The institution known as leiðangr , leidang , leding, , ledung , expeditio or sometimes lething , was a public levy of free farmers typical for medieval Scandinavians. It was a form of conscription to organise coastal fleets for seasonal excursions and in defence of the realm...

. The armies being divided into units by the quality of the warriors and by birth. At the end of this period the number of chieftains had diminished and their power had grown to the detriment of their followers. This resulted in a long and bloody civil war known as Sturlungaöld. The average battle consisted of little less than 1000 men.

Amphibious warfare
Amphibious warfare is the use of naval firepower, logistics and strategy to project military power ashore. In previous eras it stood as the primary method of delivering troops to non-contiguous enemy-held terrain...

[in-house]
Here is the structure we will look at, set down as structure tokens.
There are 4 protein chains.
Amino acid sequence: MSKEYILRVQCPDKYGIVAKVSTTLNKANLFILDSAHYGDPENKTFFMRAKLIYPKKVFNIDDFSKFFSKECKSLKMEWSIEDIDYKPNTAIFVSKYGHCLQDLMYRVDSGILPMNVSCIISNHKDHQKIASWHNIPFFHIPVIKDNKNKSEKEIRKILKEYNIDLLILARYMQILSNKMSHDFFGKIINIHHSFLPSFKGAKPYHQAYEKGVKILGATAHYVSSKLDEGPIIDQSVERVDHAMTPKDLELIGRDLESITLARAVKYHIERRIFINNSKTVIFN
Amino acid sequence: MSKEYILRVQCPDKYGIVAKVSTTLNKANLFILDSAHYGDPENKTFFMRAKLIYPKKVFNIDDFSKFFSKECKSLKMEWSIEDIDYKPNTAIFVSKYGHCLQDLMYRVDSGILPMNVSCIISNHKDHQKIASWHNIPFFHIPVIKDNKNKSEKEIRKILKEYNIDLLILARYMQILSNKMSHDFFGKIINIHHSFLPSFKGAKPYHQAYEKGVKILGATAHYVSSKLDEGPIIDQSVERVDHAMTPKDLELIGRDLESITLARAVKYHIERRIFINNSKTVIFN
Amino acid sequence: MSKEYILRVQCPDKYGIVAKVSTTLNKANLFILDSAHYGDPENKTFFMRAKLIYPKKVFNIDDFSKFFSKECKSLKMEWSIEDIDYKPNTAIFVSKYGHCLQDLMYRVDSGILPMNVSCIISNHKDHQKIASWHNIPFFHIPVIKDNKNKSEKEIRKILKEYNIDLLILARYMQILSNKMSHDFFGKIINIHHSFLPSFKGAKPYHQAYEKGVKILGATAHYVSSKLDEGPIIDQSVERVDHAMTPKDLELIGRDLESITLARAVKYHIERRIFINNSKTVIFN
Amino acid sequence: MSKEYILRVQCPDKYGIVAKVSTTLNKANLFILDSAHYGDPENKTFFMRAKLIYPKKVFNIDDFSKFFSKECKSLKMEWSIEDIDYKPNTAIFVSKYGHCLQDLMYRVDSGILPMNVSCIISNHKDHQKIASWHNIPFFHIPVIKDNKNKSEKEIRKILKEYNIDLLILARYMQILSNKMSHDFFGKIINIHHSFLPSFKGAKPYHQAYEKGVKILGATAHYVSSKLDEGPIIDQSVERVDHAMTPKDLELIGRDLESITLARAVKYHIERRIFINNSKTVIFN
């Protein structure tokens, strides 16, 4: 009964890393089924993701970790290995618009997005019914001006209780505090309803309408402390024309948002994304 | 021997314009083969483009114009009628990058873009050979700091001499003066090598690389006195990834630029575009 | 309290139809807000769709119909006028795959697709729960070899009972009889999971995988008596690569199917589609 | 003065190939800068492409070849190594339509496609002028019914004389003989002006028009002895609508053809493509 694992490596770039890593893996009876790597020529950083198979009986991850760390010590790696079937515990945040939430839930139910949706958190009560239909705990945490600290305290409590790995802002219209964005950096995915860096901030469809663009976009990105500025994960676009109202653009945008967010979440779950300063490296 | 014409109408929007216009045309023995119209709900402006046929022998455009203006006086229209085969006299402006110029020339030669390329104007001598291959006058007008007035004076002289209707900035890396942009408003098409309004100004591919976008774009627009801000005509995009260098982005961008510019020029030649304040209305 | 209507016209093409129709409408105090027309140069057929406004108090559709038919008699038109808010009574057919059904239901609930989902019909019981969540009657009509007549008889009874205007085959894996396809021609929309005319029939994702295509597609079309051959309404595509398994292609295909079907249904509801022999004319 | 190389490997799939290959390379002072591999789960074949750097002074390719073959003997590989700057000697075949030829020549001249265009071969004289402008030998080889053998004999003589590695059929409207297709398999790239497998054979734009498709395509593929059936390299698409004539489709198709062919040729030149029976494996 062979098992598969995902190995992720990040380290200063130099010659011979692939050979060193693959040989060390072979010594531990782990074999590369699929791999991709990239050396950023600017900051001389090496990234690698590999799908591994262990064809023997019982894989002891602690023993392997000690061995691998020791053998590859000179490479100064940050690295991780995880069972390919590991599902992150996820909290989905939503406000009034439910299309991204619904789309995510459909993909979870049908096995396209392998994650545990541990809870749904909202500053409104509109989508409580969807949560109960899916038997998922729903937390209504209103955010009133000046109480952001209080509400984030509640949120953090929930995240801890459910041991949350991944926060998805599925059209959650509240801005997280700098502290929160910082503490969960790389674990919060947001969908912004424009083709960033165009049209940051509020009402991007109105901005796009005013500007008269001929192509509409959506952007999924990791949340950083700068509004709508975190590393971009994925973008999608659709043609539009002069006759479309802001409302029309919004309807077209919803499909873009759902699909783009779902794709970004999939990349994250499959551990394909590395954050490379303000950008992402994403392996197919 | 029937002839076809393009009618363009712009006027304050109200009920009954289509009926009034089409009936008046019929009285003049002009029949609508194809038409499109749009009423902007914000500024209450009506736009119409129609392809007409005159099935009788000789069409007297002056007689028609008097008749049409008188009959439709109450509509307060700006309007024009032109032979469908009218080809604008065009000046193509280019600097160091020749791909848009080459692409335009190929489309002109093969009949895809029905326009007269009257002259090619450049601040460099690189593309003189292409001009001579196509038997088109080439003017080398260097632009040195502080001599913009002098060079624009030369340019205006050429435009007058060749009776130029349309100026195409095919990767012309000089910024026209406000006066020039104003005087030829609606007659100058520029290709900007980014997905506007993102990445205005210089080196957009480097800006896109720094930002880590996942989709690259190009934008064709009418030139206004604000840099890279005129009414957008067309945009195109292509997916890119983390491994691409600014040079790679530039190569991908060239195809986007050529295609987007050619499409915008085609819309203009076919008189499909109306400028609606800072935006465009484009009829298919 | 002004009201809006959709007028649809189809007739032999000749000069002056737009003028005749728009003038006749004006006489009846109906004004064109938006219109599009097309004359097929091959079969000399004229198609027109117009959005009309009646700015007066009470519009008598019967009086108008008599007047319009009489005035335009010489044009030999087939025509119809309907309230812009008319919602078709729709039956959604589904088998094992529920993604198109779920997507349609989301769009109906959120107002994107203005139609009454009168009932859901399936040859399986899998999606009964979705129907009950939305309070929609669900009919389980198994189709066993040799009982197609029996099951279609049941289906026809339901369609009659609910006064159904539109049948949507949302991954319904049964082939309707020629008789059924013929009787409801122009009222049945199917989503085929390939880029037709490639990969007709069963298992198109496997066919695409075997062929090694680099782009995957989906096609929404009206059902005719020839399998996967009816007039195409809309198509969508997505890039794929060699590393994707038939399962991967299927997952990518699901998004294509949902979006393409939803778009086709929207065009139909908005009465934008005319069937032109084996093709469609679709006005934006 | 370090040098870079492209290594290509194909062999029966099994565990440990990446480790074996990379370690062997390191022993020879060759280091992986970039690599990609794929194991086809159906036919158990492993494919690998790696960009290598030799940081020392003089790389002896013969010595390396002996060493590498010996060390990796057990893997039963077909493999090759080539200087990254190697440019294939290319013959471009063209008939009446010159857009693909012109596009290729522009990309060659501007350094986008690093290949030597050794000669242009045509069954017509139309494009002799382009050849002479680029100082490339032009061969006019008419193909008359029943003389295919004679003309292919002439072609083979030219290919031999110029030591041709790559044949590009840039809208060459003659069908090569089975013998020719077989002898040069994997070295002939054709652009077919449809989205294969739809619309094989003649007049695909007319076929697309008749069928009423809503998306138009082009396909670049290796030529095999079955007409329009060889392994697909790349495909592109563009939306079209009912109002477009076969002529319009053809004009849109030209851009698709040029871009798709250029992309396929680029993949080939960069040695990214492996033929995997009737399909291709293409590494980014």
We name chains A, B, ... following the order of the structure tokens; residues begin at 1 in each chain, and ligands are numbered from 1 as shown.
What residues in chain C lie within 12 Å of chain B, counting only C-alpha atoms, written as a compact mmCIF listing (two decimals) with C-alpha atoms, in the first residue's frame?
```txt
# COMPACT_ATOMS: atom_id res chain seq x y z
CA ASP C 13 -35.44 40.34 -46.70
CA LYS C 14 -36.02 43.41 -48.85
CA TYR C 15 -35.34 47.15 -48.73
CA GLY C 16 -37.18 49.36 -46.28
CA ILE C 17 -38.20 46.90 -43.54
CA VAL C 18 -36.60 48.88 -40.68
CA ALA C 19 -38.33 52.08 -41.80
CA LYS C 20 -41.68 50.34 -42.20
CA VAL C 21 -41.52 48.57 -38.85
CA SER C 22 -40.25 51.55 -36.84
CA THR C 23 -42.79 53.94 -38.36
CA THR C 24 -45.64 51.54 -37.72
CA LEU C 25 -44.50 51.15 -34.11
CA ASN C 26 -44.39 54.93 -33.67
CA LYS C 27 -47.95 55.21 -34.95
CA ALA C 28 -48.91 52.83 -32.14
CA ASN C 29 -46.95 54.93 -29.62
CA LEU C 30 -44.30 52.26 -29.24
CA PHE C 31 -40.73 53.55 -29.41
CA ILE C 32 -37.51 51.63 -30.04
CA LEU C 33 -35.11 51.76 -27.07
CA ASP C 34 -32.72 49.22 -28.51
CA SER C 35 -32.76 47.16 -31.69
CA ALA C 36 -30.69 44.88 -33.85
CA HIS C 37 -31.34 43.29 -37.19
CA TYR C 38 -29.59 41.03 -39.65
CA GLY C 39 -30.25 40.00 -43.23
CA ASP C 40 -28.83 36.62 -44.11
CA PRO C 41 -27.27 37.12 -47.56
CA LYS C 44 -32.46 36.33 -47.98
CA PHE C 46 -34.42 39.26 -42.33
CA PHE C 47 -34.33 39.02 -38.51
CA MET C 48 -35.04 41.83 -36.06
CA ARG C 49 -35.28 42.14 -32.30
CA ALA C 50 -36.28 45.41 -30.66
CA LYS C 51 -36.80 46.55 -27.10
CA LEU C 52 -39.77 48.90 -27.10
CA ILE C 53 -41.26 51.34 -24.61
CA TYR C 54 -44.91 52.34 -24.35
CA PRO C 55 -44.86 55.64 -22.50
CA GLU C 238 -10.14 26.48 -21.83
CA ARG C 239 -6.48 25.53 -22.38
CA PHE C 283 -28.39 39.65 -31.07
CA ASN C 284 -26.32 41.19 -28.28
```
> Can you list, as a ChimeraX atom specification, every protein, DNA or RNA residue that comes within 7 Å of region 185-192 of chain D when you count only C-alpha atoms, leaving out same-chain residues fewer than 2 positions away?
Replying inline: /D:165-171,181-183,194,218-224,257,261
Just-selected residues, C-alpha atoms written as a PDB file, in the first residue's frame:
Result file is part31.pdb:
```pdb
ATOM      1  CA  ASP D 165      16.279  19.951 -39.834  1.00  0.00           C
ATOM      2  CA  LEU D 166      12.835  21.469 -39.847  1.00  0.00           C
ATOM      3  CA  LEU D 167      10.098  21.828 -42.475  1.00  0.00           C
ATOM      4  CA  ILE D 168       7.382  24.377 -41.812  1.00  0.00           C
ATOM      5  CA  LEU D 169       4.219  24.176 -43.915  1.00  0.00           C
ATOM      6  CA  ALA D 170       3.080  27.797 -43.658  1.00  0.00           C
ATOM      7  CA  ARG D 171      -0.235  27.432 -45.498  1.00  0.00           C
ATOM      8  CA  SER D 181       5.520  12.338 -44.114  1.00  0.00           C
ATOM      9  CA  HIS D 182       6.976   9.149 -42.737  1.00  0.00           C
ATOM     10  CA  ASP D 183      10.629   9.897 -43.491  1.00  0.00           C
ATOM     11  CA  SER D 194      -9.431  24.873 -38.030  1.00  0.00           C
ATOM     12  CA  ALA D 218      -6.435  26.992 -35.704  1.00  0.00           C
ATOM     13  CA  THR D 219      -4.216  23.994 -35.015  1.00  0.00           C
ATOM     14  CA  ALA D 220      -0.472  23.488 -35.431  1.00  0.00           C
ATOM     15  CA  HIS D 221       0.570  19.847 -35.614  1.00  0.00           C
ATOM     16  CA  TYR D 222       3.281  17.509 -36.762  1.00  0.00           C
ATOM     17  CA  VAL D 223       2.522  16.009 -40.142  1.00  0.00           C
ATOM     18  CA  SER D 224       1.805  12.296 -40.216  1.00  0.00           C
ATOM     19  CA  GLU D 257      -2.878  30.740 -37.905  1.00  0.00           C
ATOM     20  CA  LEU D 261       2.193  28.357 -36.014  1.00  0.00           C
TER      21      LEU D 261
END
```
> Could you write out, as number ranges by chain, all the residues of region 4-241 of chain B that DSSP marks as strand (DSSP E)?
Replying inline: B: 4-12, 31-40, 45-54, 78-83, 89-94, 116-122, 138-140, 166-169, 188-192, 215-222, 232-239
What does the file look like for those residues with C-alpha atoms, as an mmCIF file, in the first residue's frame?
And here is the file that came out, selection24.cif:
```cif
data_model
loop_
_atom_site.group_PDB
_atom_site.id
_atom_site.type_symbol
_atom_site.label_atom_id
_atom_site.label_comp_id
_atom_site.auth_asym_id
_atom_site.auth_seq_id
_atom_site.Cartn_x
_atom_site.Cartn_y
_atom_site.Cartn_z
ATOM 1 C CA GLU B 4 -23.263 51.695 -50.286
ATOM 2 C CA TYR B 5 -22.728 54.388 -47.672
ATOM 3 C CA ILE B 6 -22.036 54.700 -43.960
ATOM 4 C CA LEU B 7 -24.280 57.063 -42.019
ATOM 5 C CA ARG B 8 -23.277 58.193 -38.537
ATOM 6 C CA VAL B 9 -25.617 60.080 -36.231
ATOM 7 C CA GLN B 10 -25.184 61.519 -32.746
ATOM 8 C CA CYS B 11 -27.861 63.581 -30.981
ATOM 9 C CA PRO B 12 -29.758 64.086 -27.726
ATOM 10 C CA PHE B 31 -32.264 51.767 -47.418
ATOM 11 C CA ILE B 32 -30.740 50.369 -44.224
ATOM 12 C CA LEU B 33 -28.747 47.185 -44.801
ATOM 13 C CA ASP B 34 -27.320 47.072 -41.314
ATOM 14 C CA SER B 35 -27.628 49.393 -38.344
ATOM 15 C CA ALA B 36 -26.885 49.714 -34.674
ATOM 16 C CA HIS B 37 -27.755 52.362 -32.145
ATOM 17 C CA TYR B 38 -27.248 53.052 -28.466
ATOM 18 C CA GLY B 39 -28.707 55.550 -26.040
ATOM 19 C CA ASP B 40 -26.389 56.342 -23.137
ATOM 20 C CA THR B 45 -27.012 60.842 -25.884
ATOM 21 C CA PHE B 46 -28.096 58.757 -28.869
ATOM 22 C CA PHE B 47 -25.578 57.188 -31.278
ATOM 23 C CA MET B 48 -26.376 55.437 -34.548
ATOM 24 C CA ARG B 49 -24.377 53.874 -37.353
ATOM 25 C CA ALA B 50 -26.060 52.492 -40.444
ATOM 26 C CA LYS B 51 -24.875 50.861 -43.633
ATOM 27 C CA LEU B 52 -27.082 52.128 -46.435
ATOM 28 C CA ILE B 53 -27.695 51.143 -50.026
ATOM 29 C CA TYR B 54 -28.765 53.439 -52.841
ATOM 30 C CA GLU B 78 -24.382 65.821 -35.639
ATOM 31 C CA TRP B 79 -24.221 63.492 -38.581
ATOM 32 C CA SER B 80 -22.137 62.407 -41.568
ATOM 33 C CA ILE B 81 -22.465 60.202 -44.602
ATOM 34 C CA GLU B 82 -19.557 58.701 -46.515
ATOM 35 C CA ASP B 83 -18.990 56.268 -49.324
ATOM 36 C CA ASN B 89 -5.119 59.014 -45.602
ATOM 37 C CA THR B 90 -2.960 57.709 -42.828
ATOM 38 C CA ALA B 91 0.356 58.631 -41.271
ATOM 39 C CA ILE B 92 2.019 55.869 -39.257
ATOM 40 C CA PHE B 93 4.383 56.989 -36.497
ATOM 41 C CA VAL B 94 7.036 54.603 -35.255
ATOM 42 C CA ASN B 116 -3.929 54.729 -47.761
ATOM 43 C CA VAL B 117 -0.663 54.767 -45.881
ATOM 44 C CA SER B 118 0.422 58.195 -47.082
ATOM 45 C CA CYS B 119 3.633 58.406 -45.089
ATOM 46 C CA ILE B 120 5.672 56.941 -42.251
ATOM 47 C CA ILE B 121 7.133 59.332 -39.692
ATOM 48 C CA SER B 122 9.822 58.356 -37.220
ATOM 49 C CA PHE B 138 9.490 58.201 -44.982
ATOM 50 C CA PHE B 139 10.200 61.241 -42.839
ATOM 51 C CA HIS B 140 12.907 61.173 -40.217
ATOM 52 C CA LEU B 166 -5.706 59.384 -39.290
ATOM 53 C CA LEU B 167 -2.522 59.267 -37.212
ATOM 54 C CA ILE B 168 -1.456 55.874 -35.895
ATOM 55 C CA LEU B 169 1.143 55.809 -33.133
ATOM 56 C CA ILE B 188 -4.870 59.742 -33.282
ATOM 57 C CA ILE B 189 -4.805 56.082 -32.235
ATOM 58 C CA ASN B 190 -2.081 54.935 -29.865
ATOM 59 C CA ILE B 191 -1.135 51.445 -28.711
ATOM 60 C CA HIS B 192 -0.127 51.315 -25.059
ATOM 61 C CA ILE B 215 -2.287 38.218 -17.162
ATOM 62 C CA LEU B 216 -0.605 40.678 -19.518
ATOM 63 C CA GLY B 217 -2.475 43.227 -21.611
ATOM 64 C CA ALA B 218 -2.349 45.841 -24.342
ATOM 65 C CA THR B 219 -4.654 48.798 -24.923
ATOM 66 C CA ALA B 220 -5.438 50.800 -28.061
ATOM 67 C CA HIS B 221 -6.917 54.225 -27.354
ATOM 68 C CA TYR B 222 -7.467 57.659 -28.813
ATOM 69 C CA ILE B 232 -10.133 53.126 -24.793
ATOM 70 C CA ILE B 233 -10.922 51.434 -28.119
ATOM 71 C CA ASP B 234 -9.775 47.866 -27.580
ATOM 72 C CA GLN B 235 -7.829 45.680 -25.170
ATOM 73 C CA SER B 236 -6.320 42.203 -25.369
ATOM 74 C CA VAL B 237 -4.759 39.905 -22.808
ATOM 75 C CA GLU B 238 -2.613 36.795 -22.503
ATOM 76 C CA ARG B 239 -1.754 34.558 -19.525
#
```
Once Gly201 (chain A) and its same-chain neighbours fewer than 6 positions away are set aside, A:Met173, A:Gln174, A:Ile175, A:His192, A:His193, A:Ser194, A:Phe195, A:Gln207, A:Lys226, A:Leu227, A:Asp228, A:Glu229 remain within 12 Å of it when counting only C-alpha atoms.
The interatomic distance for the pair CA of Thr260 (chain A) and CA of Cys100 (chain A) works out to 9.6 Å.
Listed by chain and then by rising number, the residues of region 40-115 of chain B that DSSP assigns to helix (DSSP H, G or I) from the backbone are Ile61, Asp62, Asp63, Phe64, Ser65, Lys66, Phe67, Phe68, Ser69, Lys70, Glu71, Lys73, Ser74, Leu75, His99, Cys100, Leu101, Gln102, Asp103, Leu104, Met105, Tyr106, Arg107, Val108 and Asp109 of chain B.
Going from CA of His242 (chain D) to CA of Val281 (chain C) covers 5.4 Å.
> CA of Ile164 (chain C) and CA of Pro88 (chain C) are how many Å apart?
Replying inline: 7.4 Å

operations were important part of warfare in Iceland in this time, especially in the Westfjords, but large naval engagements were not common. The largest of which was an engagement of a few dozen ships in Húnaflói
Húnaflói is a large bay between Strandir and Skagaströnd in Iceland. It is about wide and long. The towns Blönduós and Skagaströnd are located on the bay's eastern side....

 known as Flóabardagi.

In the decades before the Napoleonic wars
Napoleonic Wars
The Napoleonic Wars were a series of wars declared against Napoleon's French Empire by opposing coalitions that ran from 1803 to 1815. As a continuation of the wars sparked by the French Revolution of 1789, they revolutionised European armies and played out on an unprecedented scale, mainly due to...